Mom's Day mix of mourning, celebrating this year
Last updated 5/5/2021 at 5:11pm | View PDF
Charlie Harley stopped in Monday to let us know about the Armistice Day celebration in Burr Ridge May 15 — at which he will receive the Jack Schaus Patriot Award.
I told him I wished I could come, but we are having a small memorial service for my mom, who died in November.
“Of course you have to go to that,” Charlie said. “After all, you only ever have one mother.”
“Well,” I responded. “I’ve got an interesting story for you.”
And so I told him about being adopted and taking a DNA test and finding my birth mother in October (and my birth father and half-sister).
He’s not the first person who has teared up listening to my story. I can get pretty emotional about it, myself.
And I imagine Sunday is going to be a pretty emotional day.
This will be the first Mother’s Day that the mother I have always known is no longer part of my life and the mother I have
never met is.
I remember the first Father’s Day after my dad died in 2002. It was not an easy one, and I’m feeling some trepidation as Sunday approaches.
My mother-in-law has been missing from our Mom’s Day celebrations since she passed away in 2017. And Mom was missing last year, too, due to the pandemic. But we were able to write a huge Mother’s Day message in chalk in the parking lot outside her window at her assisted living facility.
This year, we remembered her Sunday by participating in the Walk for Wellness at Wellness House in her honor. And next Saturday — two days after her May 13 birthday — we will hold the small memorial service we weren’t able to have in the fall.
I’ll enjoy celebrating with Ainsley on Sunday and hearing her sing with the youth choir at church. I know I will spend some time on Zoom with my birth mother, Pat. I imagine that will be an poignant conversation for both of us.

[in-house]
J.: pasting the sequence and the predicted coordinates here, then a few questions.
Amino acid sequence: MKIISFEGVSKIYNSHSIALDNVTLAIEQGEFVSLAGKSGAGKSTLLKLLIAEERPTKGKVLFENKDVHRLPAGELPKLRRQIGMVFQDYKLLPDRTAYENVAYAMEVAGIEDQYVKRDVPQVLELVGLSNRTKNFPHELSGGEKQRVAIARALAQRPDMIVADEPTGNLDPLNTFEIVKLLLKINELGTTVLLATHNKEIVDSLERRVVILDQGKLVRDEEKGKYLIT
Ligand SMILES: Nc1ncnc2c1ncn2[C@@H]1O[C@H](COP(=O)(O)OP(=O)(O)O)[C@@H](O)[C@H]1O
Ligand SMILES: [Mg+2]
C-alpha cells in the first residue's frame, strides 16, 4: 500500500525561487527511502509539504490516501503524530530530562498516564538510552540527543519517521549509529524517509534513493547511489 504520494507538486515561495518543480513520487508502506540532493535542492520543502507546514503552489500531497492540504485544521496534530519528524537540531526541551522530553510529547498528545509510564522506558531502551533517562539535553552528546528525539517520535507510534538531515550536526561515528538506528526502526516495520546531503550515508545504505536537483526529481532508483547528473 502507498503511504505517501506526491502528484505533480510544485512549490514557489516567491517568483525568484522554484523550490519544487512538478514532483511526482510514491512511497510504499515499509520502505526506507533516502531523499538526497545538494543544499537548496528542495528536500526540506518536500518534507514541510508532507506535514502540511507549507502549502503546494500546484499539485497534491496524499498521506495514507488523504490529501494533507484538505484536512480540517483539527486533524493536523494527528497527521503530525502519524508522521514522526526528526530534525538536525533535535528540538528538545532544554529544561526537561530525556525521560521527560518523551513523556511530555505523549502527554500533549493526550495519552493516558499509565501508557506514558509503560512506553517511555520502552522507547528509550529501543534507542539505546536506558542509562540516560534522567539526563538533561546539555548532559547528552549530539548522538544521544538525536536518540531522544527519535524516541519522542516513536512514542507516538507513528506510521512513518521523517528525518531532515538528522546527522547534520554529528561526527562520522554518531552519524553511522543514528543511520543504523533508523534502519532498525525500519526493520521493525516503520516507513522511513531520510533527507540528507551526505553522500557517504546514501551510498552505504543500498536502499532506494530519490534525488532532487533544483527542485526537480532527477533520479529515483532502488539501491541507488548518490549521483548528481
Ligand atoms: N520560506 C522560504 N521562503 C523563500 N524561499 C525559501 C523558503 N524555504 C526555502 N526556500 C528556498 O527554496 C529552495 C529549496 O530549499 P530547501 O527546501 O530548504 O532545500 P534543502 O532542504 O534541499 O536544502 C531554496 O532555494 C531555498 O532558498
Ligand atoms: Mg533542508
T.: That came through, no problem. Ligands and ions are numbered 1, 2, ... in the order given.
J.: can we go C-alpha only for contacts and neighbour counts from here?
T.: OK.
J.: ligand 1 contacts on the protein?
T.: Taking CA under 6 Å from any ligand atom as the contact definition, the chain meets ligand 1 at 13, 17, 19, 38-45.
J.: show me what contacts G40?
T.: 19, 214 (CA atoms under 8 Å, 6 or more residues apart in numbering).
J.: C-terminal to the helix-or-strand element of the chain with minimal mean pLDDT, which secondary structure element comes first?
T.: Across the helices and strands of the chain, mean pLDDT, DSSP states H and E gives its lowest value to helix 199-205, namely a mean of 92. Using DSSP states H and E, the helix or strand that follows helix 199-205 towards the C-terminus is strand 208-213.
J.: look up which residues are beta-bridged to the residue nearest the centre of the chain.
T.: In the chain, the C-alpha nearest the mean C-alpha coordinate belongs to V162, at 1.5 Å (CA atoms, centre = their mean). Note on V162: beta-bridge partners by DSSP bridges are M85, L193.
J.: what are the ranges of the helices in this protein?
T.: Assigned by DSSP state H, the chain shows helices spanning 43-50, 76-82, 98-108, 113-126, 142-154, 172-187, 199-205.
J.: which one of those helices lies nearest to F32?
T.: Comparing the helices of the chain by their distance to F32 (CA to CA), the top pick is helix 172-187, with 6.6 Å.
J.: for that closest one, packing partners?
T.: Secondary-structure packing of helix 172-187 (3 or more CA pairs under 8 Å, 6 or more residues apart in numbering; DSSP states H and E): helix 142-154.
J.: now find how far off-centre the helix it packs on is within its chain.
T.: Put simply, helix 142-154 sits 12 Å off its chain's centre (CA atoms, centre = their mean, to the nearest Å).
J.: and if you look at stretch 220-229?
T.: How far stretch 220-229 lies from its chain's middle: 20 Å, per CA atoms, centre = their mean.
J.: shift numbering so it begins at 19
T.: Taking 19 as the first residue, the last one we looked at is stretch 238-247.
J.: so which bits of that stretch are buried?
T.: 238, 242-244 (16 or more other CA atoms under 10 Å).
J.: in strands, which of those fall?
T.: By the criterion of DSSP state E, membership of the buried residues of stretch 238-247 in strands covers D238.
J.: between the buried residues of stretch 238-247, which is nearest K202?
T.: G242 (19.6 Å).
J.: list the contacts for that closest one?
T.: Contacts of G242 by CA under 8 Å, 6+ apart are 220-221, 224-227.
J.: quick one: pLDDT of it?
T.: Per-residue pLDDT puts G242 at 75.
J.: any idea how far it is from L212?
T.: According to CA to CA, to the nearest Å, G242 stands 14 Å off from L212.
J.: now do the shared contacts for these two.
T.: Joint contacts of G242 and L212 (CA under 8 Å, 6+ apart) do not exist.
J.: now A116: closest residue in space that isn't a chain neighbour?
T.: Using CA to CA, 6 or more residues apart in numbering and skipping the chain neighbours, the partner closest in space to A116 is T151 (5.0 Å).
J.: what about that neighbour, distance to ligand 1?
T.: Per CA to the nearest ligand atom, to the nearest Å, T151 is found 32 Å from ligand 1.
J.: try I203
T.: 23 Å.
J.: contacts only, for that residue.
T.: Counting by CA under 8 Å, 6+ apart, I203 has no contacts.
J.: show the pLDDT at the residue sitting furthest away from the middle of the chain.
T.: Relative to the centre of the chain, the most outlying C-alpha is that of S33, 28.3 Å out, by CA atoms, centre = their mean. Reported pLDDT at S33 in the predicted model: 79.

Here’s what I wrote about her in a Mother’s Day column for The Doings in 2000 — long before I ever dreamt of meeting her.
“I know there’s another woman out there who is a part of me. I know she was 17 years old and unmarried when I was born in 1967. I know, because of a mistake in the records my parents were sent, that she had given me a name before she gave me up in the hopes of finding a better home for me than she could provide. I know my mother cried when she learned the adoption agency had lied and told her I had not been named.”
I know a little more about the story now, including the fact that my mom didn’t need to cry about my name. She honored my birth mother without even knowing she was doing so. Only five letters separate Pamela Jane and Patricia Jane.
Pat and I have talked about how to fit all the pieces together, now that I have so many new relatives. A retired teacher, she reminded me of something she observed from her students. Families come in all shapes and sizes.
“I used to believe that Mother’s Day was just about moms — my mom, Dan’s mom, my grandma before she died,” I wrote in 2009, just after Ainsley was born. “But now that I am a mom, it seems Mother’s Day is really about families.”
So this Mother’s Day, I will celebrate the new relatives in my life — which also include aunts and uncles and cousins. And I will celebrate the relatives I have known all my life.
We are all family. And family is what Mother’s Day is all about.
— Pamela Lannom is editor of The Hinsdalean. Readers can email her at [email protected].